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Federal Court ruling highlights lack of whistleblower protection for federal government employees – likely reason why CFIA inspectors didn’t blow whistle on XL Foods

Tuesday, October 16, 2012

OTTAWA—Today civil society organizations welcomed a federal judge’s condemnation of shoddy investigations conducted by the government’s whistleblower watchdog. Unfortunately this is not an isolated case, they say, and the agency’s failure may have contributed to the inaction that led to the XL Foods disaster.

In the court ruling Madam Justice Mactavish found that the Public Sector Integrity Commissioner’s investigators made so many mistakes that this amounted to a ‘clear breach of the common law duty of procedural fairness’. Key witnesses were never interviewed and PSIC ‘failed to investigate obviously crucial evidence’. The whistleblower was kept in the dark regarding the results of the investigation and given no opportunity to see or comment on the report before a decision was made – in spite of promises that he could do so. Although the investigation took an inordinate length of time (21 months) the judge found that it was neither thorough nor fair.

“PSIC’s ineffectiveness has serious consequences for the public – like the XL Foods recall” said David Hutton, executive director of Federal Accountability Initiative for Reform (FAIR). ”This entire fiasco could likely have been avoided if the CFIA inspectors had believed that they could bypass their bosses and safely report their concerns to someone independent – and that action would be taken. But the judge’s ruling confirms that they had good reason to fear that their concerns might not be investigated properly by PSIC, and that they would not be protected from the reprisals that would surely follow.”

Unfortunately the situation the Federal Court ruled appears typical of how PSIC treats those it is charged with protecting. Since the agency was created, whistleblower organizations like FAIR and Canadians for Accountability have received calls from more than 30 public servants (and their lawyers) trying to deal with the agency. The judge’s findings closely mirror these people’s frustrations.

“Whistleblowers consistently tell us that PSIC is a black hole into which they pour serious allegations – and hear nothing back” said Hutton. “They are kept in the dark about what’s happening and given false assurances. After hearing nothing for months they finally receive a rejection letter written in bureaucratic legalese. They have no idea of how this decision was made or based on what evidence, and Integrity Commissioner Mario Dion and his staff aren’t telling – since this would apparently ‘violate the privacy’ of the alleged wrongdoers.”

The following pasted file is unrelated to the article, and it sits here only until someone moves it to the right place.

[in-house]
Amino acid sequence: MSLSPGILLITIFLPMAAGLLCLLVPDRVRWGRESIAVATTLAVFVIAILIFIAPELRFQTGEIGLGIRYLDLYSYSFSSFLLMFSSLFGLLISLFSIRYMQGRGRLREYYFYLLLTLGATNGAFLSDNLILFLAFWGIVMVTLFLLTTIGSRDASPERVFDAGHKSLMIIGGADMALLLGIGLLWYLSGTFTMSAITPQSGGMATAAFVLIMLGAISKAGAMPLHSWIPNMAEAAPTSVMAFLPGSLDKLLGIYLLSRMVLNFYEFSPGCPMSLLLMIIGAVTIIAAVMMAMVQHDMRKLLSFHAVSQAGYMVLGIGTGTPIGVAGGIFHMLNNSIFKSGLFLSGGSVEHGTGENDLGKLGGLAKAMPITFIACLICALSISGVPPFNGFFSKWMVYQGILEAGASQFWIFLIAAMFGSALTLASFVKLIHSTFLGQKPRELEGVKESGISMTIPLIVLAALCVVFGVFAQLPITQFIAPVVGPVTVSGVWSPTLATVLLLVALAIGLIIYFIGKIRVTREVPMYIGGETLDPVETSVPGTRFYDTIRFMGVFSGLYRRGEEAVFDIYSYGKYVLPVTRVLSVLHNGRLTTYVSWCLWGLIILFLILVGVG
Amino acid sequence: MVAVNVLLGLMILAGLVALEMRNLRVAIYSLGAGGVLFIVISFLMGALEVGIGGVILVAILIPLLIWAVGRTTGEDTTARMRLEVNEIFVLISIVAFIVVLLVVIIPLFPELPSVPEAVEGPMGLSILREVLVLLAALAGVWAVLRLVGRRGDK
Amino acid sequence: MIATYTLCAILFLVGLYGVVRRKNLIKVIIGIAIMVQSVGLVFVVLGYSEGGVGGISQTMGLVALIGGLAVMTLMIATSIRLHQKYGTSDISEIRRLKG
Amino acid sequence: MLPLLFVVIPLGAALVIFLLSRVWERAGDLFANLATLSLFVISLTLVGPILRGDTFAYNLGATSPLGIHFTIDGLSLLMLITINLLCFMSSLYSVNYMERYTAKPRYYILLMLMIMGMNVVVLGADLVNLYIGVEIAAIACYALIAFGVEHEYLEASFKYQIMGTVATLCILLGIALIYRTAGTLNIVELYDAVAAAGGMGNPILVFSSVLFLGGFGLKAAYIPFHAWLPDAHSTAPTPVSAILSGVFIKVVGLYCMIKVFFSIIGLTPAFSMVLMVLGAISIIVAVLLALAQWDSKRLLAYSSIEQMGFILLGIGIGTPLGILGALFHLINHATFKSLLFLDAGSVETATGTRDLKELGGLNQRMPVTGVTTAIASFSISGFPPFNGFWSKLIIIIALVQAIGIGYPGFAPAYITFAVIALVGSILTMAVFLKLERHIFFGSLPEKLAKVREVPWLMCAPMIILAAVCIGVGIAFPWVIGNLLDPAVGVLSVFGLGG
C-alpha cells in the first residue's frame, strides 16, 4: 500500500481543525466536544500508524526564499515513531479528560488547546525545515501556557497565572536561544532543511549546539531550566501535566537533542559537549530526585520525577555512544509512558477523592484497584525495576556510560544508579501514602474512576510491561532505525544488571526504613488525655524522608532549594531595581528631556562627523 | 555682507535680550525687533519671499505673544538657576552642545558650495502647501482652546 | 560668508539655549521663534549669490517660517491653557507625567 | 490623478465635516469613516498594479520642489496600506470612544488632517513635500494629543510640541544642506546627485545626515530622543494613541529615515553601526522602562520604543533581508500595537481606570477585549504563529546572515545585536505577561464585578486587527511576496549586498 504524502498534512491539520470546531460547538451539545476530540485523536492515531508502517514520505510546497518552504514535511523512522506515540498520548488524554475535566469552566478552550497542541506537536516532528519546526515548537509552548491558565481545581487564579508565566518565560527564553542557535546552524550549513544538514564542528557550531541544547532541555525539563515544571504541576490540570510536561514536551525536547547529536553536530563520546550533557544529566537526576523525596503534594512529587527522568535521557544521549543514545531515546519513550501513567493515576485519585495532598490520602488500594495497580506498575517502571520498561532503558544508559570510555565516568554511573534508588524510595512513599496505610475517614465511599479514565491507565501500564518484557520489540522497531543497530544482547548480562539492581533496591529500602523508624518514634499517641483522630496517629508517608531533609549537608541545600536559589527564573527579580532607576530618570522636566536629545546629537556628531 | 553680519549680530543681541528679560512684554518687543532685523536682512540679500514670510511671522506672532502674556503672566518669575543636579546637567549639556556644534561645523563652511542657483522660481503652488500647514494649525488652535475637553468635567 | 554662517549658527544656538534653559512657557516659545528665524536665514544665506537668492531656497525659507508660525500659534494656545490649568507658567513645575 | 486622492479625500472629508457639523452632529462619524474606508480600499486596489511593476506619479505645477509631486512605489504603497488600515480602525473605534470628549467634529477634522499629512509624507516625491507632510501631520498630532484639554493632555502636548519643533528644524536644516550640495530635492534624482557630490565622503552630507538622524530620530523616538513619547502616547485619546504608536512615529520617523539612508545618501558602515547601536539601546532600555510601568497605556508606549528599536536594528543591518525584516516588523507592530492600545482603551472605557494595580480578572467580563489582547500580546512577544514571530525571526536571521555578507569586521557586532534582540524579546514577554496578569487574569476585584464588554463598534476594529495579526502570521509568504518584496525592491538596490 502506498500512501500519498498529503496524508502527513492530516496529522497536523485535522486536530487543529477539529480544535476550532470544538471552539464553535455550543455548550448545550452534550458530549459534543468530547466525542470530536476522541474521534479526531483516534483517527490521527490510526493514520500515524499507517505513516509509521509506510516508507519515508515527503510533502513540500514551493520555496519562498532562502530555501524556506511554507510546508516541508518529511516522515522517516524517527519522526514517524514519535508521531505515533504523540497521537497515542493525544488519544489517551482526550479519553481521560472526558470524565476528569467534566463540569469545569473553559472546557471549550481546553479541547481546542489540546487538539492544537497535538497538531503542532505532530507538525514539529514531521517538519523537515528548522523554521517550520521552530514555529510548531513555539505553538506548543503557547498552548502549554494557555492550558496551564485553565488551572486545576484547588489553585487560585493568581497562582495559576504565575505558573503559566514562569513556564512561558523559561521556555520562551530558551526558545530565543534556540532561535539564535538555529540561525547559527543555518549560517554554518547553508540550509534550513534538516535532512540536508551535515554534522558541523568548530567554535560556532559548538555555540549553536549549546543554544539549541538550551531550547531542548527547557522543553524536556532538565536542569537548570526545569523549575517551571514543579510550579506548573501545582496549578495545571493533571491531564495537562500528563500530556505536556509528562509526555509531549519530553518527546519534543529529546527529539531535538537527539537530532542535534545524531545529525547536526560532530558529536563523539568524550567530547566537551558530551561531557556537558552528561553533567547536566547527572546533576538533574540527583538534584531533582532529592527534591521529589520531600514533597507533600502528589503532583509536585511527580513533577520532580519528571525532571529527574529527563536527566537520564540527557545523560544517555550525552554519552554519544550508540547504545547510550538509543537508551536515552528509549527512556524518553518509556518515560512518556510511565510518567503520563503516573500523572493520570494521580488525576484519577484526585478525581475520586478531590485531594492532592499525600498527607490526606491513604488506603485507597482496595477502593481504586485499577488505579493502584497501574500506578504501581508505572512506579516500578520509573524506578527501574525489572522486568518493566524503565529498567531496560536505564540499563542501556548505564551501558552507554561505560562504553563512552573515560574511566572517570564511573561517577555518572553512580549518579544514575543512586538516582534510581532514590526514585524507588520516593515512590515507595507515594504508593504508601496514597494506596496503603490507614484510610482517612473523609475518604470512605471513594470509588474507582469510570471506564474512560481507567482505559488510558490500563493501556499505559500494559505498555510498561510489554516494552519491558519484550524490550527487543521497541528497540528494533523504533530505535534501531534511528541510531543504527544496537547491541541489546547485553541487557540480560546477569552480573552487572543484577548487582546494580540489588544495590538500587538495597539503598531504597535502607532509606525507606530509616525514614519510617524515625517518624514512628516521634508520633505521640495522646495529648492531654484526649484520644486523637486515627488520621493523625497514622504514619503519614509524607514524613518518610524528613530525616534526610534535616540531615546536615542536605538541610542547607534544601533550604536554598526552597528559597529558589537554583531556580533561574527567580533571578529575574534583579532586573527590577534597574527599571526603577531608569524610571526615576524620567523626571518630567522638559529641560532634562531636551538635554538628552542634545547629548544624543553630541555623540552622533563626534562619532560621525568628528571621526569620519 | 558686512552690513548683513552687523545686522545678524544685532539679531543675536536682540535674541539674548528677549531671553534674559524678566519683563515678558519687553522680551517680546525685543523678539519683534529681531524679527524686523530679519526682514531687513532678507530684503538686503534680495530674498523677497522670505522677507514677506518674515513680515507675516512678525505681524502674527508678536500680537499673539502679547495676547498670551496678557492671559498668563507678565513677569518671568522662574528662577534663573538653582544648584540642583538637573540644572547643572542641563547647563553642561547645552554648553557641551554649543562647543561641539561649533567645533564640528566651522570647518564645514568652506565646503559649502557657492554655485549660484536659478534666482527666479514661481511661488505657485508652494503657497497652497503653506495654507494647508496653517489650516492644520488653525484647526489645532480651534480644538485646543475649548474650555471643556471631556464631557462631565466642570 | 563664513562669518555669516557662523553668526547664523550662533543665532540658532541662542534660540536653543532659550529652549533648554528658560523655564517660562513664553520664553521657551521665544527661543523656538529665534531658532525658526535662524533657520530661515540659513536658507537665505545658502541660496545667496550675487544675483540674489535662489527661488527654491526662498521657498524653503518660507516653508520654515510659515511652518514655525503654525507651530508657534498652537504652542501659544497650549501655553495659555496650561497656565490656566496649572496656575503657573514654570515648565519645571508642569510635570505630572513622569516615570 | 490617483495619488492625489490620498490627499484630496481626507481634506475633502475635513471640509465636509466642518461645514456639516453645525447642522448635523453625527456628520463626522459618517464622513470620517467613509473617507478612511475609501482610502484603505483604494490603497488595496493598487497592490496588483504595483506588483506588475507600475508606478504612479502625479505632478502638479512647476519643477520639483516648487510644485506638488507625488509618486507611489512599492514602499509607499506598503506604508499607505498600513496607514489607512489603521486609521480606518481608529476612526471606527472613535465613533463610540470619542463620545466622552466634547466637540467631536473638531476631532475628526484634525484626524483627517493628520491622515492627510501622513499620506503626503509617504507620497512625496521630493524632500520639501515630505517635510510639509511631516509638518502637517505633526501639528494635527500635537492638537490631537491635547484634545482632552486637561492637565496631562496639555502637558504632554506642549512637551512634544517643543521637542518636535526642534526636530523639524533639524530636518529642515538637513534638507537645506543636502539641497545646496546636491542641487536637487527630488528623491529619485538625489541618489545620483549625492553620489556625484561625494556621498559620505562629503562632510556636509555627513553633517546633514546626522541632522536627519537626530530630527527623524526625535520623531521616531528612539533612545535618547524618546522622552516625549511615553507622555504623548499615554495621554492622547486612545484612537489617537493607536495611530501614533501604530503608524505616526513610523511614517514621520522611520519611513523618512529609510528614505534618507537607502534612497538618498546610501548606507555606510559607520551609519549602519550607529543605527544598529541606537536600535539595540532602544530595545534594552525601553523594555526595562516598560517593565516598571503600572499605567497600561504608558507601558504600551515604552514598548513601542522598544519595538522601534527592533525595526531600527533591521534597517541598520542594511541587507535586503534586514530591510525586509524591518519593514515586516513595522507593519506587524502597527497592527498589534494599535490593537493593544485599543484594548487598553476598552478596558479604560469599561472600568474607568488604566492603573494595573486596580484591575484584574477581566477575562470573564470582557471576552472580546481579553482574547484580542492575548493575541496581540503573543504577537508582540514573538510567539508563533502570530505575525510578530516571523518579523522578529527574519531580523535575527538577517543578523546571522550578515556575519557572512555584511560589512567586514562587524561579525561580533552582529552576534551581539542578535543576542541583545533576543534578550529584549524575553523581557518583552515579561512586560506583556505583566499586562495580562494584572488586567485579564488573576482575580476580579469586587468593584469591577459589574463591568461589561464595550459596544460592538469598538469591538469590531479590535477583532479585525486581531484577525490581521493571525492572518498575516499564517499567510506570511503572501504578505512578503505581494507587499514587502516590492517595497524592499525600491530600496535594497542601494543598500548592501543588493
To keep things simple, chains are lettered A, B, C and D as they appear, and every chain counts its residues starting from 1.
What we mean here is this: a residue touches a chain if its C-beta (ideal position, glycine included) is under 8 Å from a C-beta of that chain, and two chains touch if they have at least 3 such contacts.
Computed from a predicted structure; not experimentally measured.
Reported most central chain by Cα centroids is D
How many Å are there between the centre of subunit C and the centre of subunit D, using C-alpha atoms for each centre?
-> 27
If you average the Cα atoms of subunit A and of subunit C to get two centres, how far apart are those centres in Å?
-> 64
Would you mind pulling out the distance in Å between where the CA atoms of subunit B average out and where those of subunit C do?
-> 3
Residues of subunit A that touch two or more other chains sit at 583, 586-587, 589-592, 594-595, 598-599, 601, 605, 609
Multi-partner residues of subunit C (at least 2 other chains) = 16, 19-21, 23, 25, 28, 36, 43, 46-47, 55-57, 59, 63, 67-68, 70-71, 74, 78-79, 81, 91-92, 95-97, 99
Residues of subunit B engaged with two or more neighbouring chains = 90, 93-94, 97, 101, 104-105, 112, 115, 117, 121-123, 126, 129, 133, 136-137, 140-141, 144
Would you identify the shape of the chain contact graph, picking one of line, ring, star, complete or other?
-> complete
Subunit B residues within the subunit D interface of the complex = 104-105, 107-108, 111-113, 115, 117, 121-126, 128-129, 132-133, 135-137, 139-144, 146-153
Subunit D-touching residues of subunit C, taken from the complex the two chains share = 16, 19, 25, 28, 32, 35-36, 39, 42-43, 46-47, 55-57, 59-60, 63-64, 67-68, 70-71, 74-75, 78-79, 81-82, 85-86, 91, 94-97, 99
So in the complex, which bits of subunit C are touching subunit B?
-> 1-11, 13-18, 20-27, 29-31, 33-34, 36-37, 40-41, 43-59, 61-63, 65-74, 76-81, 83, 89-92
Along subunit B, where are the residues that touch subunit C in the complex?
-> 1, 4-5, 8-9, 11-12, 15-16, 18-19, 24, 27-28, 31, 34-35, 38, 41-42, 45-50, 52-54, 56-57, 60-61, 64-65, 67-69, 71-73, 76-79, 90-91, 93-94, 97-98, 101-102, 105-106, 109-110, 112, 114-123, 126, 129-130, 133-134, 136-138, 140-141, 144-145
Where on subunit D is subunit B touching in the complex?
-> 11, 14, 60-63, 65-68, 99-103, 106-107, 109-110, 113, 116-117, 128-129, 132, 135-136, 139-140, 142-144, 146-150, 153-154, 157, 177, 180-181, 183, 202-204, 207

“You cannot go to PSIC simply on the basis that you’ve seen something that’s clearly wrong” said Allan Cutler. “You need a lawyer just to complete their application form – to help you figure out which sections of the Act are applicable and what statutes may have been violated. Courageous people, who are putting their careers on the line to protect the public, are met with disrespect and bureaucratic obstacles.”

“The court ruling and the XL Foods fiasco show clearly that the federal government must stop being negligent and immediately launch the illegally overdue review of the federal whistleblower protection law, and ensure the law is changed to require the Integrity Commissioner to actually protect whistleblowers in every case,” said Tyler Sommers, Coordinator of Democracy Watch.

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Contact Information:

David Hutton, Executive Director, FAIR (Federal Accountability Initiative for Reform) (613) 567-1511

Allan Cutler, President, Canadians for Accountability: (613) 863-4671

Ian Bron, Managing Director, Canadians for Accountability: (613) 304-8049

Tyler Sommers, Coordinator of Democracy Watch and Chair of the Open Government Coalition: (613) 241-5179

Democracy Watch’s Government Ethics Campaign